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Oklahoma state rep wants violent-game tax

HB 2696 seeks to charge 1 percent tax on all games sold in state rated Teen, Mature, and Adults-Only; money collected would go toward Sooner State's obesity and bullying prevention funds.


The price to play video games rated Teen, Mature, and Adults-Only in Oklahoma might be on the rise. An Oklahoma state representative has introduced a new bill that would charge a 1 percent excise tax on "violent" video games.

Fourkiller could not believe Bully was a real game.
Fourkiller could not believe Bully was a real game.

As reported by Oklahoma news outlet KFOR, state representative Will Fourkiller (D. 86th District) last month introduced House Bill 2696 to the state's legislature. If the bill is signed into law by Republican governor Mary Fallin, all games sold in the state rated Teen, Mature, and Adults-Only would be charged a 1 percent excise tax beginning as early as July 1.

The money collected from the tax, according to the bill, would be given to Oklahoma's obesity-fighting Childhood Outdoor Education Revolving Fund and the Bullying Prevention Revolving Fund.

Fourkiller said he was inspired to draft the bill because he had witnessed obesity, violence, and bullying throughout his time as a teacher, coach, and registered nurse.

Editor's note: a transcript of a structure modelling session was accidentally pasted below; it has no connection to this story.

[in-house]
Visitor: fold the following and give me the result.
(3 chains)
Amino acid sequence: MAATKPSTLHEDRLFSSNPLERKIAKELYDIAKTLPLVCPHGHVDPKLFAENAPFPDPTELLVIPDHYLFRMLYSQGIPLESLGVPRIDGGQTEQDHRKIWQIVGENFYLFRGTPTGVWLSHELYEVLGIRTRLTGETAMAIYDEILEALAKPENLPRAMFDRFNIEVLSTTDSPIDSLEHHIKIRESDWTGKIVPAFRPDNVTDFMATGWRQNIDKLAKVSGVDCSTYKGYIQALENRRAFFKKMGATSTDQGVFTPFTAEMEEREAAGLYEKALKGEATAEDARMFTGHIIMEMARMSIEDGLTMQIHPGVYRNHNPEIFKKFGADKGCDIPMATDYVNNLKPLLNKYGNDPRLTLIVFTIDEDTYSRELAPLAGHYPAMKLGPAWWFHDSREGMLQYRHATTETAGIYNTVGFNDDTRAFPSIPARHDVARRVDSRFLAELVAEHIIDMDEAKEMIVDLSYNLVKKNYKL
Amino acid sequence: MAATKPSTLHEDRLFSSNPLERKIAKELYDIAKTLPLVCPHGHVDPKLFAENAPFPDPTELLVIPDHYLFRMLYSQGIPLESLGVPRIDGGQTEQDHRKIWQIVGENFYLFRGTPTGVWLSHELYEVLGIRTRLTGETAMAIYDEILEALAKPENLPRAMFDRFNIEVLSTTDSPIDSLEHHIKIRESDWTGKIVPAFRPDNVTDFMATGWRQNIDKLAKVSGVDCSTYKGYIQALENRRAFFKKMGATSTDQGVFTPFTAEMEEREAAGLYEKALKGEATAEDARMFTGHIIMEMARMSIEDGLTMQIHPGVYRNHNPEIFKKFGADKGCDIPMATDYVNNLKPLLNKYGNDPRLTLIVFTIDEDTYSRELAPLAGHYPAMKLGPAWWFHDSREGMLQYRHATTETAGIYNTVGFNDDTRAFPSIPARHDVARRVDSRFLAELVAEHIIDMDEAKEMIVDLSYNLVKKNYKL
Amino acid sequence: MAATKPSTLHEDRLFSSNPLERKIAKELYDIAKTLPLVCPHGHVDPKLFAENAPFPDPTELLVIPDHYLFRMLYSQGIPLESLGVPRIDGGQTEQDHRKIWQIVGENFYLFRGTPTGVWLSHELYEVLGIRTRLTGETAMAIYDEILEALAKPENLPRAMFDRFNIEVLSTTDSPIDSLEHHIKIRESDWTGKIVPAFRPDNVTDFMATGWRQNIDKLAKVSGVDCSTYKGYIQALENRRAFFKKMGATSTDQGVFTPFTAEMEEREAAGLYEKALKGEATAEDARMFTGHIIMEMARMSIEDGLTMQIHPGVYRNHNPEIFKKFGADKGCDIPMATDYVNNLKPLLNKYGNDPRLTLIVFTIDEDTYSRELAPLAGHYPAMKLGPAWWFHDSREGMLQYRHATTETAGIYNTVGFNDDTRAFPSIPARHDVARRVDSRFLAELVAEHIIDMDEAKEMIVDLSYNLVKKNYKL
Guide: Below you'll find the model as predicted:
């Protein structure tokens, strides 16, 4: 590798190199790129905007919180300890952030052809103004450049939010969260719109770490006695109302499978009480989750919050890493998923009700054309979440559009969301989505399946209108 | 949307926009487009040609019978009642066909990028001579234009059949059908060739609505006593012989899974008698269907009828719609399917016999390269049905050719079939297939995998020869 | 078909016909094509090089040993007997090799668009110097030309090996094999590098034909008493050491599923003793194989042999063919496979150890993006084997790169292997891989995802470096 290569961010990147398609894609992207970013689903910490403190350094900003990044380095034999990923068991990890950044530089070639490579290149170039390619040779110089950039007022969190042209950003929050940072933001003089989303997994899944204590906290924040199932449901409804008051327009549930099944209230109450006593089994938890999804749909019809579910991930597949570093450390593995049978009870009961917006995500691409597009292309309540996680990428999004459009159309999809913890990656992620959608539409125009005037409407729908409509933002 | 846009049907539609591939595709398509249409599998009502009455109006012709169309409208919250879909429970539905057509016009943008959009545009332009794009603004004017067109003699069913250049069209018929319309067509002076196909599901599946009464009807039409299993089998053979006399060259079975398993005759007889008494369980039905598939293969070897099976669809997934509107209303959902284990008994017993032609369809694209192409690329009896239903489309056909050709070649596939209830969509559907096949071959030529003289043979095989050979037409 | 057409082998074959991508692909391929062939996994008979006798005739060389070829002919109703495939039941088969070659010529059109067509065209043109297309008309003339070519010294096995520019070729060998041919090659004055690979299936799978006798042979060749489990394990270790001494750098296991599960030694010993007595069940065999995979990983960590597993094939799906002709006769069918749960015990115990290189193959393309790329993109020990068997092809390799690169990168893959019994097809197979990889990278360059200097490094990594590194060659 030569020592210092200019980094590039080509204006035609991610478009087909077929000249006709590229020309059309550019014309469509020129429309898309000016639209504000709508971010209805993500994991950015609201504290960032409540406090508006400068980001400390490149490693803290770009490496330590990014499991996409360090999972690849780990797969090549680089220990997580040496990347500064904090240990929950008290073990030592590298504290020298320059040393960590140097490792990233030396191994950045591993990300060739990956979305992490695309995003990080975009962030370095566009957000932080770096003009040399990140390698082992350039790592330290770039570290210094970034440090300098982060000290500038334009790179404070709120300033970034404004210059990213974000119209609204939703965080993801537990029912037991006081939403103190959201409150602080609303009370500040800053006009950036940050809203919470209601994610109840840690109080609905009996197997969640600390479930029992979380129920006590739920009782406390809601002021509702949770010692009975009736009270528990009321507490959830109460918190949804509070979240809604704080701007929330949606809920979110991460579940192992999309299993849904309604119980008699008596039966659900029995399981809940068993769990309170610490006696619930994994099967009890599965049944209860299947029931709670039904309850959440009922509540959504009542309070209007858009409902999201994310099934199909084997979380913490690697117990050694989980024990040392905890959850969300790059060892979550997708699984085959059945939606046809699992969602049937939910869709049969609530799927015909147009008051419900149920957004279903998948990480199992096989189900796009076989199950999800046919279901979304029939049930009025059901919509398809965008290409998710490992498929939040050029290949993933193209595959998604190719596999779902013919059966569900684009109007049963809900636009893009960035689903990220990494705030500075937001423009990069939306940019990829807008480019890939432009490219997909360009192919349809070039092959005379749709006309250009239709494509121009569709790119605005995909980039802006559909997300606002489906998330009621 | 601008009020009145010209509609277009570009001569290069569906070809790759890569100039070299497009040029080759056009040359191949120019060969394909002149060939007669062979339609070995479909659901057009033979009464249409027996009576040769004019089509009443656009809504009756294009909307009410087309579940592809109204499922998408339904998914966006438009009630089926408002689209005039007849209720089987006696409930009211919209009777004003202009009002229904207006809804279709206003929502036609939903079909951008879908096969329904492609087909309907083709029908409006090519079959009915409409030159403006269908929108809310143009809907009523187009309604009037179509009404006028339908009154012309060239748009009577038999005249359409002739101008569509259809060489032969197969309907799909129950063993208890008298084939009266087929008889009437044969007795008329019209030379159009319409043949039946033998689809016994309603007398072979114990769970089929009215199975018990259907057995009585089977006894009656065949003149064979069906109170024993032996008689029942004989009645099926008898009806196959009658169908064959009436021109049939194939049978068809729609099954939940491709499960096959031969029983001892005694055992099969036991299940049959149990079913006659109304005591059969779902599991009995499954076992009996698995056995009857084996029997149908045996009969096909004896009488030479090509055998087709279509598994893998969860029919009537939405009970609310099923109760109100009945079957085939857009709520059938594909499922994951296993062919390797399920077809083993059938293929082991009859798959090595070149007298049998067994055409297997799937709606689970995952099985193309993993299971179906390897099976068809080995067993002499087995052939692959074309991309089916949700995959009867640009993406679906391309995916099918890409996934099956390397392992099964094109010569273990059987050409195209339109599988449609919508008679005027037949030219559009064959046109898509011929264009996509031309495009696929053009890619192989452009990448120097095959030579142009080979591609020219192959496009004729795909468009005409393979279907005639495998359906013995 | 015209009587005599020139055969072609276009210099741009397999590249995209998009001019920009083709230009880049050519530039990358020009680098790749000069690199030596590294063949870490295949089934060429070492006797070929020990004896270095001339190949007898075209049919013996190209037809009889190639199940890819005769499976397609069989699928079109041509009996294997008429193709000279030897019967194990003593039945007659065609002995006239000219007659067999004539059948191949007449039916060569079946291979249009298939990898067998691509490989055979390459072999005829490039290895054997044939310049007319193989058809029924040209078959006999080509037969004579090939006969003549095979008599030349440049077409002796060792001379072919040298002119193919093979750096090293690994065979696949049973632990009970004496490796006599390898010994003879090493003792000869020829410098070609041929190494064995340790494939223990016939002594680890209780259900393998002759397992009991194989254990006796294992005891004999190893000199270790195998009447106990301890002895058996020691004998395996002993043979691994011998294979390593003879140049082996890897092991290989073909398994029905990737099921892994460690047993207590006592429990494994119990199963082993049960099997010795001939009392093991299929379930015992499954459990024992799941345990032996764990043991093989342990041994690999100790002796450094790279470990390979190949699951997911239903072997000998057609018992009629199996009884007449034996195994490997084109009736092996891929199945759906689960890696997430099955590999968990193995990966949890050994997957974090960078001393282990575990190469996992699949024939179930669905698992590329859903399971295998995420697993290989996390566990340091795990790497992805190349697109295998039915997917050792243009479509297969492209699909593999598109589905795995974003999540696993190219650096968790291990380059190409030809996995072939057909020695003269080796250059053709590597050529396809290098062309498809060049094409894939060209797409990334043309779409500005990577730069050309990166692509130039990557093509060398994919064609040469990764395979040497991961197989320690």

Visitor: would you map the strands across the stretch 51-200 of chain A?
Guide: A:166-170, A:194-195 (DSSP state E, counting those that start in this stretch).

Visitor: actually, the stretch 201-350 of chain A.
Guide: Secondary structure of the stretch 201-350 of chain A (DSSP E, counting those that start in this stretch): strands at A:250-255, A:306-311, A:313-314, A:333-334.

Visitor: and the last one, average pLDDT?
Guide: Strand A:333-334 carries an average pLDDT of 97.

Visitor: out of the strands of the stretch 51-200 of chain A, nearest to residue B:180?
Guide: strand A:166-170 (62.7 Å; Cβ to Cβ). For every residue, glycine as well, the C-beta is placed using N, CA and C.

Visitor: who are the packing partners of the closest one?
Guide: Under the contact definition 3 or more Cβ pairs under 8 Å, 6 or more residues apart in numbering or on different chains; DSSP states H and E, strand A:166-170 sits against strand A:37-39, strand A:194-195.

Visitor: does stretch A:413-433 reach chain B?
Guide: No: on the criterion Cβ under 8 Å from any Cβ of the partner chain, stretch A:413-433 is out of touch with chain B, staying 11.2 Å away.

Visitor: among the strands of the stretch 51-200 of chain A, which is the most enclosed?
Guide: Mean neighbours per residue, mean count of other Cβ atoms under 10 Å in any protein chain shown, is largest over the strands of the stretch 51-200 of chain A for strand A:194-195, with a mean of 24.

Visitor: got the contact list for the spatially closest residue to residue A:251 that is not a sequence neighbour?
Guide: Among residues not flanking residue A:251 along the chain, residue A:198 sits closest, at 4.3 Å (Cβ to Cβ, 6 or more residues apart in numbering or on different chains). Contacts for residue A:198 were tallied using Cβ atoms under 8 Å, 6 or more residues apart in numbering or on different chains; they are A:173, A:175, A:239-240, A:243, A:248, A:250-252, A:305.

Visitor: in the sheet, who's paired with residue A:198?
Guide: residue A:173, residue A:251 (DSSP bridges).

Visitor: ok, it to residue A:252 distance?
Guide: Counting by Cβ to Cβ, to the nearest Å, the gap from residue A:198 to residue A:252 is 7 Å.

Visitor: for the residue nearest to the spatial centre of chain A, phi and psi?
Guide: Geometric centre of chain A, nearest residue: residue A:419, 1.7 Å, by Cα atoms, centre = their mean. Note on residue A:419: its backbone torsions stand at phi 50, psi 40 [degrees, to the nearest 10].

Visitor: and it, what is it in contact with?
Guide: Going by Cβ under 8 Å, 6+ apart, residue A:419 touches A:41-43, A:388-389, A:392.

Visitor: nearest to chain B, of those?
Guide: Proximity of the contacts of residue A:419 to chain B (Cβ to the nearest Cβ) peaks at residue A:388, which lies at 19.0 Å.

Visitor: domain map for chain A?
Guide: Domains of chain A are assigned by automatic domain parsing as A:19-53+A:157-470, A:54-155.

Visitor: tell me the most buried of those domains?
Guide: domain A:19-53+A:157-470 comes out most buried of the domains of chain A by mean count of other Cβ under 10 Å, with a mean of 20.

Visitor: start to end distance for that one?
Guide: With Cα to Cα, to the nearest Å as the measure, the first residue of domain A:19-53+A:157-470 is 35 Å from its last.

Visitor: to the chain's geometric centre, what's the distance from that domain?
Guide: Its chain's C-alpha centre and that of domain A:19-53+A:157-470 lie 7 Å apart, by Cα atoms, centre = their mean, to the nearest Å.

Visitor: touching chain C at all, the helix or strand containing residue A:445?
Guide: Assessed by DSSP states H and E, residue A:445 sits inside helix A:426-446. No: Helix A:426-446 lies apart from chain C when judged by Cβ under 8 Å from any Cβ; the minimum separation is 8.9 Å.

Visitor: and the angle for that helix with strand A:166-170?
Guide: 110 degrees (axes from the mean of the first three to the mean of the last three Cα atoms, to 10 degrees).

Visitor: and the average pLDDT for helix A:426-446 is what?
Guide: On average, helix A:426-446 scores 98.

"A gentleman shot a police officer and stole his car," Fourkiller said. "He had been playing Grand Theft Auto. Not everybody is going to react the same, but I believe after hours and hours of watching the screen, playing the video game, being that person and taking on that role, people get desensitized."

Fourkiller specifically called out Rockstar Games' Bully, an open-world title that casts players as an adolescent wreaking havoc in a school setting. Fourkiller told the news site he was particularly surprised such a game exists, because bullying is what happens to many kids who play games like it, he said.

Fourkiller said the aim of HB 2696 is not to bring down the video game industry, or to eradicate Teen, Mature, and Adults-Only titles. He said the initiative is an effort to bring awareness to the matter of violence in video games.

According to the Oklahoma State Legislature information page regarding HB 2696, the bill will be read before the House on Monday, February 6.

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